MARYSVILLE — At ages 50 and older, they don’t fit the typical target market for Kindles, Nooks and other “e-book” readers, but almost all of them are regular patrons of the Marysville Library, so on Friday, Jan. 11, Mark Burnett helped them learn how they could take advantage of a few of the library’s online and electronic resources.
“The largest classes are usually in January because that’s when most folks have just gotten their devices as gifts,” said Burnett, reference librarian for the Marysville Library. “Actually, the two main categories of attendees for these types of classes are those who want to know how to make their devices work with the library, and those who haven’t yet bought such devices, but are exploring how they could work with the library’s services.”
Burnett offers step-by-step, and in some cases even hands-on, instructions on how to look up and check out e-books from the Marysville Library, in various formats and on assorted devices.
“With the number of e-books that are already out there, this really is the wave of the future,” Burnett said. “The people I see in these classes are usually excited and fearful all at once, so I provide them with tips and encouragement to help them get over their apprehension, which is to be expected. After all, everyone knows how to open a book, but with an e-book, you have to turn the device on, get the proper software, then go through the procedure of checking it out online.”
“This has been amazingly helpful,” said Mike Rainwater, a white-haired gentleman who recently acquired a Nook. “Having this new way to access books is just great. I’m becoming a fan of reading books ‘on the cloud.’”
While Rainwater touted how e-readers can actually make reading text easier for older library patrons, Marysville Library Managing Librarian Eric Spencer deemed classes such as Burnett’s to be part of a multi-pronged approach to help library patrons make better use of online resources that they might not even be aware of.
“We’ve got e-books, downloadable audio and streaming magazines from Zinio, which is a game-changer,” Spencer said. “A lot of these people have devices that they’re paying to use, but a lot of those same titles and resources are available from their local public library.”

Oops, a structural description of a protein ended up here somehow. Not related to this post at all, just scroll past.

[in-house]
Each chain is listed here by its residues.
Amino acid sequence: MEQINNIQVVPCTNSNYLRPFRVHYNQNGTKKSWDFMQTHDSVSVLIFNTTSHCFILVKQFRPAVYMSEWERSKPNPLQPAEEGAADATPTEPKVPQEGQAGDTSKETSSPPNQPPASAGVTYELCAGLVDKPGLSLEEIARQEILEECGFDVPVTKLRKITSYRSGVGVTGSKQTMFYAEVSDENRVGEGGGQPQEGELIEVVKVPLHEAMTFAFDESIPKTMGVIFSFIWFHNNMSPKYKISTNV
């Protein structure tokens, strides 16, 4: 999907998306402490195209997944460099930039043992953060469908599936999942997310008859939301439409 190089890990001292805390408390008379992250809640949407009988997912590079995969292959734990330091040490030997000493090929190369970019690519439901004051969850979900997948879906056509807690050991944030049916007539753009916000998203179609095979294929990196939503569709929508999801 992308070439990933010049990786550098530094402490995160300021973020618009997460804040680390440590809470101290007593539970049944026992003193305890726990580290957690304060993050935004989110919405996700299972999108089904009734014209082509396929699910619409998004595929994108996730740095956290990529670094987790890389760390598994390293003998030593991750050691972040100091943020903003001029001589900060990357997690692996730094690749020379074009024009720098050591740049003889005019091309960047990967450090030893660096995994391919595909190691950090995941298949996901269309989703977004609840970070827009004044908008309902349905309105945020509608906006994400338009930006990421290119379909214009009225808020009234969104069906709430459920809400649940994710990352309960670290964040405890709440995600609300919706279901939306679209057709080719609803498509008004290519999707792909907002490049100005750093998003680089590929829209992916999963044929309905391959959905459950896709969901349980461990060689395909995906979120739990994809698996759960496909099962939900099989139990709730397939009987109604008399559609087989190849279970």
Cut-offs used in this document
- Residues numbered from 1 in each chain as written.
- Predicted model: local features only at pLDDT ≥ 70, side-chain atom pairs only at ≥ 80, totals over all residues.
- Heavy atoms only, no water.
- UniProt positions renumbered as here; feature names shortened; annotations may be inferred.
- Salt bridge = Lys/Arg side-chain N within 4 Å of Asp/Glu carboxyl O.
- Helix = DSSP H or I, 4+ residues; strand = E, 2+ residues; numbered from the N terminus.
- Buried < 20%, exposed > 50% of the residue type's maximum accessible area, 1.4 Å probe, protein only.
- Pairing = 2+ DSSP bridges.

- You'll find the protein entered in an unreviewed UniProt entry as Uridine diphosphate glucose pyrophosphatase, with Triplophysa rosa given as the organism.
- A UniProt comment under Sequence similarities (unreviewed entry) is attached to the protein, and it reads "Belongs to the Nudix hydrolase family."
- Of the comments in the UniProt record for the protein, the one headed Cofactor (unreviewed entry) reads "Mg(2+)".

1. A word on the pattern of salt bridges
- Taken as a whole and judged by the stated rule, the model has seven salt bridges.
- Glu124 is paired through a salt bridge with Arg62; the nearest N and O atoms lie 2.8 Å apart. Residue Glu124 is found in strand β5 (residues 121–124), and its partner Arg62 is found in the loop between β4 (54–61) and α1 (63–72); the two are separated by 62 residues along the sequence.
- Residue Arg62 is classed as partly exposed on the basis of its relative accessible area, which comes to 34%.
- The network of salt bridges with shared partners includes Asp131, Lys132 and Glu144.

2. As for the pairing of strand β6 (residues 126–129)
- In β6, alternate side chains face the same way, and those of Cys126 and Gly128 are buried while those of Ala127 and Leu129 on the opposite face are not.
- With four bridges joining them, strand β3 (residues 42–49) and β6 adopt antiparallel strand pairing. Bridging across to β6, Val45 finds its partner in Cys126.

Both drop-in and “Book a Librarian” programs are available at the Marysville Library for staff to assist patrons in setting up user accounts and become familiar with the features.
“Some people need one-on-one appointments to learn how to do research or hunt for jobs,” Spencer said. “Others, like the people in Burnett’s classes, receive in-depth group instruction on the devices themselves.”
The Marysville Library will soon have devices of its own to lend to patrons who don’t have Kindles or Nooks, but who want to utilize the library’s currently limited computer lab.
“We don’t really have the physical space to expand beyond our 32 PCs, so in addition to the four laptops that we’ll be checking out for use within the library, we hope to receive between six to 10 tablets by around this spring,” Spencer said. “It doesn’t require more tables or chairs, and it lets the patrons take the information with them as they wander through the library.”
One reason why space is an increasingly finite resource at the Marysville Library is because its usage by the community keeps going up.
“In 2011, we checked out 888,980 items,” Spencer said. “In 2012, that number was 1,032,997. It was the first time we broke the million mark. Considering that the Sno-Isle Libraries as a whole checked out nearly 9 million items, that’s a large part of their volume. People have this fear that library use is decreasing, but that’s simply not happening.”
For more information, log onto www.sno-isle.org/explore/ereaders.